Residents in parts of Maryland are now under a drought watch and are being encouraged by the state to cap their water use.
“Water conservation is a good practice year-round,” said Jay Apperson, spokesperson for the Maryland Department of the Environment. “Right now, the Maryland Department of the Environment is urging citizens and business in western Maryland and portions of central Maryland to voluntarily reduce their water usage.”
It’s not mandatory, but Apperson said these cutbacks would be a huge help.
“We’re particularly concerned about groundwater levels,” he told WTOP.
The watch has been issued for Allegany, Baltimore, Carroll, Cecil, Frederick, Garrett, Harford, Howard, Montgomery and Washington counties. But there are some exceptions.
Areas served by Baltimore City or Washington Suburban Sanitary Commission public water systems are not considered to be under the same watch conditions.
In Montgomery County, it is the second driest year to date and it was the fifth driest May on record this year.
The state said it has enough water to meet the needs of residents and businesses, but the conservation measures are being encouraged to help avoid future shortages that could potentially materialize — if current conditions continue.
“You may have noticed there’s been some rain lately, but that’s not enough to reduce the deficit in precipitation we’ve seen,” Apperson explained, noting that up to this point, rainfall has been much less compared to this time last year.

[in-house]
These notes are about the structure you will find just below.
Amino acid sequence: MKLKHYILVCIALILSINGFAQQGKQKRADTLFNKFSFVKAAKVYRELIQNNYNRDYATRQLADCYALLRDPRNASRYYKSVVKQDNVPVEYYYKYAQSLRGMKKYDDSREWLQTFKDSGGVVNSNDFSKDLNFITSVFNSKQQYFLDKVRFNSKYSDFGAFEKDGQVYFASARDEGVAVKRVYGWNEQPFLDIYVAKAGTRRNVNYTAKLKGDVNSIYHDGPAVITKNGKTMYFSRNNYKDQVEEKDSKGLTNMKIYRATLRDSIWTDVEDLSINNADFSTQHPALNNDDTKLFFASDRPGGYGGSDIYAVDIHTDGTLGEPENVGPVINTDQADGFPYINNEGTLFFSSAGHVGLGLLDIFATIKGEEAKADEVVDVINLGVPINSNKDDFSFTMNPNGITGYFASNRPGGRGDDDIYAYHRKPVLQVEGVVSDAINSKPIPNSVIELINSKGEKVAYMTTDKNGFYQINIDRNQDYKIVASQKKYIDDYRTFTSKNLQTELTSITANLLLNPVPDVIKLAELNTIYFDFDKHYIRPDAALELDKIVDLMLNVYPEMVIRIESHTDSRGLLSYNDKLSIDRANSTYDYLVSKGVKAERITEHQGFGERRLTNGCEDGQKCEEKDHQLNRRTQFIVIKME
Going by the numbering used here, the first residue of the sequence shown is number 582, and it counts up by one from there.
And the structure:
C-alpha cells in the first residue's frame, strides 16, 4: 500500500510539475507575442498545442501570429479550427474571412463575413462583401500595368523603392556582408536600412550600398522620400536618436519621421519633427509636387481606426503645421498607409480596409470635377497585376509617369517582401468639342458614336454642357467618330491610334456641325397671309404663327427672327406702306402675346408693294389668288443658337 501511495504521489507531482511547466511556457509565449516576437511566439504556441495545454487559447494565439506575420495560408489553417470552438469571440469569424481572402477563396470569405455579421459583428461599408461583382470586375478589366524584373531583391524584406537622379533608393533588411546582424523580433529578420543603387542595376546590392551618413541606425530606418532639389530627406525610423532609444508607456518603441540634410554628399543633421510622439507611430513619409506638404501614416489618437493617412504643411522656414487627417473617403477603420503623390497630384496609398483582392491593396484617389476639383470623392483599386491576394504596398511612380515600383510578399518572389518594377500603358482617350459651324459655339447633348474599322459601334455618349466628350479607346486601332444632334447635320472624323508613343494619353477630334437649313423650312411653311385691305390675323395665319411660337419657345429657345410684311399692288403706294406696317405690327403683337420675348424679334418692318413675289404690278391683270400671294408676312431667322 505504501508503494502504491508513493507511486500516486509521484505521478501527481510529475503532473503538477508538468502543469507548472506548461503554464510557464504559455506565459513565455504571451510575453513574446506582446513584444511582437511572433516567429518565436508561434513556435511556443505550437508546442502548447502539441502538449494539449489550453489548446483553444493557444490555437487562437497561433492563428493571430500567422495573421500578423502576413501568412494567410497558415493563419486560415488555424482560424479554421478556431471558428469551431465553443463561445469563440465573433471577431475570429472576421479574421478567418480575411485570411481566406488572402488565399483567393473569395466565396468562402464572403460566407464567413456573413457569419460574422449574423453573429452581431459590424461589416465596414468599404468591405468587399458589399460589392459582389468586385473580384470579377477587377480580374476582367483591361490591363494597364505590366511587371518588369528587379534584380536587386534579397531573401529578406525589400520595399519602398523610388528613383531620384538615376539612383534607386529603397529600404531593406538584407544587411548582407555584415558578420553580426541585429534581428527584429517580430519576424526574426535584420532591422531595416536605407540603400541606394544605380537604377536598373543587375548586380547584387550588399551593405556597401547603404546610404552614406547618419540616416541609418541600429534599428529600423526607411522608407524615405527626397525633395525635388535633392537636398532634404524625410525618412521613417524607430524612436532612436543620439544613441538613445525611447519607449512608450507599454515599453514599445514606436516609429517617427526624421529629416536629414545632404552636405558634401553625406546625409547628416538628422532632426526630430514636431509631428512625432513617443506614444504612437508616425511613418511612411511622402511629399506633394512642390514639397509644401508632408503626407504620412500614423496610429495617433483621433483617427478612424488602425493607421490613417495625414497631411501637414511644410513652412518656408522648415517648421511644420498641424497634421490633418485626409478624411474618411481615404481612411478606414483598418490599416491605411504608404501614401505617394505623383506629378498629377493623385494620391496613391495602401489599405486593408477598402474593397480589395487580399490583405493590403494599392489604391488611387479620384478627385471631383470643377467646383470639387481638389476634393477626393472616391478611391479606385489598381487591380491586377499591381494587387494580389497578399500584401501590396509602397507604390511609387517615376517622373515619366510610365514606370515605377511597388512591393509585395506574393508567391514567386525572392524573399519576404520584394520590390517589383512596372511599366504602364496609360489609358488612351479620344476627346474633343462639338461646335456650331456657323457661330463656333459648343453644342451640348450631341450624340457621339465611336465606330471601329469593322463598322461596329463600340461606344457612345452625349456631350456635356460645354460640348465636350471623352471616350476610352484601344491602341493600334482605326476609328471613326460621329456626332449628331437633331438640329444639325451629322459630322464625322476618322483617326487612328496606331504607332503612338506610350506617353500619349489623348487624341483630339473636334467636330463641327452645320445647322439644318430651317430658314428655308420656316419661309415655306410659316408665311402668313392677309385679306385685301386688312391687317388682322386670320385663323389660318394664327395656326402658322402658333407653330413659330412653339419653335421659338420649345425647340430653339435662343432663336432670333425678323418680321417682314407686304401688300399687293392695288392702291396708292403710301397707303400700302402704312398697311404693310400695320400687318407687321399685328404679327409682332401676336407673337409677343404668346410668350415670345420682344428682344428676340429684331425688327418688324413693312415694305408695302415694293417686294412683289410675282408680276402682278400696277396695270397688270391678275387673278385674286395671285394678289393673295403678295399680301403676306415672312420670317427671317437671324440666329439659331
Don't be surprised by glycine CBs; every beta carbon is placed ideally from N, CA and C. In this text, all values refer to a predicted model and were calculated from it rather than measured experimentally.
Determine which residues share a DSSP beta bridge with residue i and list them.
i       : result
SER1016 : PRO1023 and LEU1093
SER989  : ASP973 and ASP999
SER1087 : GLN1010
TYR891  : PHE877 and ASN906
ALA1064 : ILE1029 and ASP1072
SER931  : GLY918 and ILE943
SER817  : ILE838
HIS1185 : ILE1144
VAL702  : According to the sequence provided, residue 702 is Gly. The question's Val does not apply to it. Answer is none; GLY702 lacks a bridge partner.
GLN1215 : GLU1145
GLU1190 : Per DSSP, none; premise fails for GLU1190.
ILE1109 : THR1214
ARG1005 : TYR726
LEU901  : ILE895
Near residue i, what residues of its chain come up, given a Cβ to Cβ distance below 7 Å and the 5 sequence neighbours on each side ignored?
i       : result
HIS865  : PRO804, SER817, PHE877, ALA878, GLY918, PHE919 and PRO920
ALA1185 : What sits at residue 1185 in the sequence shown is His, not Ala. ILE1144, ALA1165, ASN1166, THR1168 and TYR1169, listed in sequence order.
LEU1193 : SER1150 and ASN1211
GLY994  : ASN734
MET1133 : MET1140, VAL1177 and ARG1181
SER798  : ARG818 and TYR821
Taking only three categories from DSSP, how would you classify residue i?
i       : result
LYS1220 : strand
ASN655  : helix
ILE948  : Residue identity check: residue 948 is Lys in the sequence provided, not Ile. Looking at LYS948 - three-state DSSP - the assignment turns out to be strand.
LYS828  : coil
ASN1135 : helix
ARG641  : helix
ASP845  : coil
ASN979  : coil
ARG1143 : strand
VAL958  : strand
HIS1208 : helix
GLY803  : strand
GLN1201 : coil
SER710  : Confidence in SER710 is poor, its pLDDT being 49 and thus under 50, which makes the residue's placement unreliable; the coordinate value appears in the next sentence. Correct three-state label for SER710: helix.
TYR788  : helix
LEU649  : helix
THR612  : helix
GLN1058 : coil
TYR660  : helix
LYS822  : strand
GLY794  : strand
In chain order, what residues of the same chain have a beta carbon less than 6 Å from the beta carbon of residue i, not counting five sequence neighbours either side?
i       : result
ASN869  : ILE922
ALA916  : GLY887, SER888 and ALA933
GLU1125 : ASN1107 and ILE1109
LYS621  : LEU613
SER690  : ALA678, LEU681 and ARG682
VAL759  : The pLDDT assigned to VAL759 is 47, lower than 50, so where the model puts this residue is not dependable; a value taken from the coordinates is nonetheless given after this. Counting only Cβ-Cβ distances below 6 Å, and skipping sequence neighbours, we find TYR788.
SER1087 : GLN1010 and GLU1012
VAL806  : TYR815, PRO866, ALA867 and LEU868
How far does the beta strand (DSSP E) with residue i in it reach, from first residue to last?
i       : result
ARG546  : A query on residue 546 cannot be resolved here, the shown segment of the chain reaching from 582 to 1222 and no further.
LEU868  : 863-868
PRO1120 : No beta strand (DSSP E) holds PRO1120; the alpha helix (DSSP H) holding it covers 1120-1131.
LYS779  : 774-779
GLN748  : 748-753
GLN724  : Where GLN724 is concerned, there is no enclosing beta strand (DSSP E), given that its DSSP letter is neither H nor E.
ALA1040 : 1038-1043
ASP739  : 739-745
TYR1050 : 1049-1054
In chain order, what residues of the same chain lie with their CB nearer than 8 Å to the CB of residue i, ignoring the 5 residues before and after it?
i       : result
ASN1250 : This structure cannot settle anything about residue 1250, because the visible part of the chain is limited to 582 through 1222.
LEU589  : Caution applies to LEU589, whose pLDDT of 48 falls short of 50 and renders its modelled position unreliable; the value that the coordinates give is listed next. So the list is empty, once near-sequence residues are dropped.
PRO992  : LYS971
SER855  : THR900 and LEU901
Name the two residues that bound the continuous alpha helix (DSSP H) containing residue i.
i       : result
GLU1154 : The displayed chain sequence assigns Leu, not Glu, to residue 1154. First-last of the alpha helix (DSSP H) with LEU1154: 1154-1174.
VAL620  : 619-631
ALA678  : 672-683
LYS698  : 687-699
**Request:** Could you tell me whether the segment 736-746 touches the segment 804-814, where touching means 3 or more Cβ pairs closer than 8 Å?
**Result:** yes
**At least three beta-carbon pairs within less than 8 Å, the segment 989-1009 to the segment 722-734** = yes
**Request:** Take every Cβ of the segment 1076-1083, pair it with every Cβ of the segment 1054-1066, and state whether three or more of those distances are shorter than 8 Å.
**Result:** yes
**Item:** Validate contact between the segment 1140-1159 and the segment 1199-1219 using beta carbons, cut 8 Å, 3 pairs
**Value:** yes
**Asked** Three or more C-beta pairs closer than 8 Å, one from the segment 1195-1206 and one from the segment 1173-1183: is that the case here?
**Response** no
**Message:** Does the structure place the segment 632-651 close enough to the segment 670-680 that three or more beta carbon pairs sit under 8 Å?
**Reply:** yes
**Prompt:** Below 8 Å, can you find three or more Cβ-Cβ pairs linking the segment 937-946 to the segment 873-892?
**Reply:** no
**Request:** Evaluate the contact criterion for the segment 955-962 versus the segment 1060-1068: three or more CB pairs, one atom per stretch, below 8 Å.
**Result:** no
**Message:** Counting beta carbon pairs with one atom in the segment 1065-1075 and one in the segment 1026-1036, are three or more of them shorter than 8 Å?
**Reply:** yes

How can people in affected areas change their behaviors to help?
“Use sprinklers or water your lawn and garden less frequently,” Apperson said. “Take shorter showers.”
He also suggests only running the dishwasher and laundry machines when they’re absolutely full/at capacity, rather than doing several small loads of laundry or dishes.
The last time rainfall levels were dangerously low, according to the state’s current conditions and drought information website, was 2017-2018, when southern Maryland was considered to be in emergency conditions.
The last severe drought in the state occurred between 1999 and 2002.
Per the state’s updated drought map, nearly 37% of the state is considered to be in a moderate drought right now, with another 30.4% designated as “abnormally dry.”
The state’s precipitation indicators show western and central Maryland at 75% and 70% of their normal rainfall since Dec. 31, respectively, compared to previous years.
Groundwater indicators show low levels in both western and central Maryland, with five out of nine wells at “warning” levels, and two out of nine wells considered to be at “emergency” low-water levels.
It’s not all bad though. Since June 30, rainfall levels have been way up, at 90% or more of normal levels. If those conditions continue, the watch may be lifted sooner than later.
But the National Weather Service said nationwide drought conditions will likely last through 2023, with some improvements being made recently due to increased rainfall.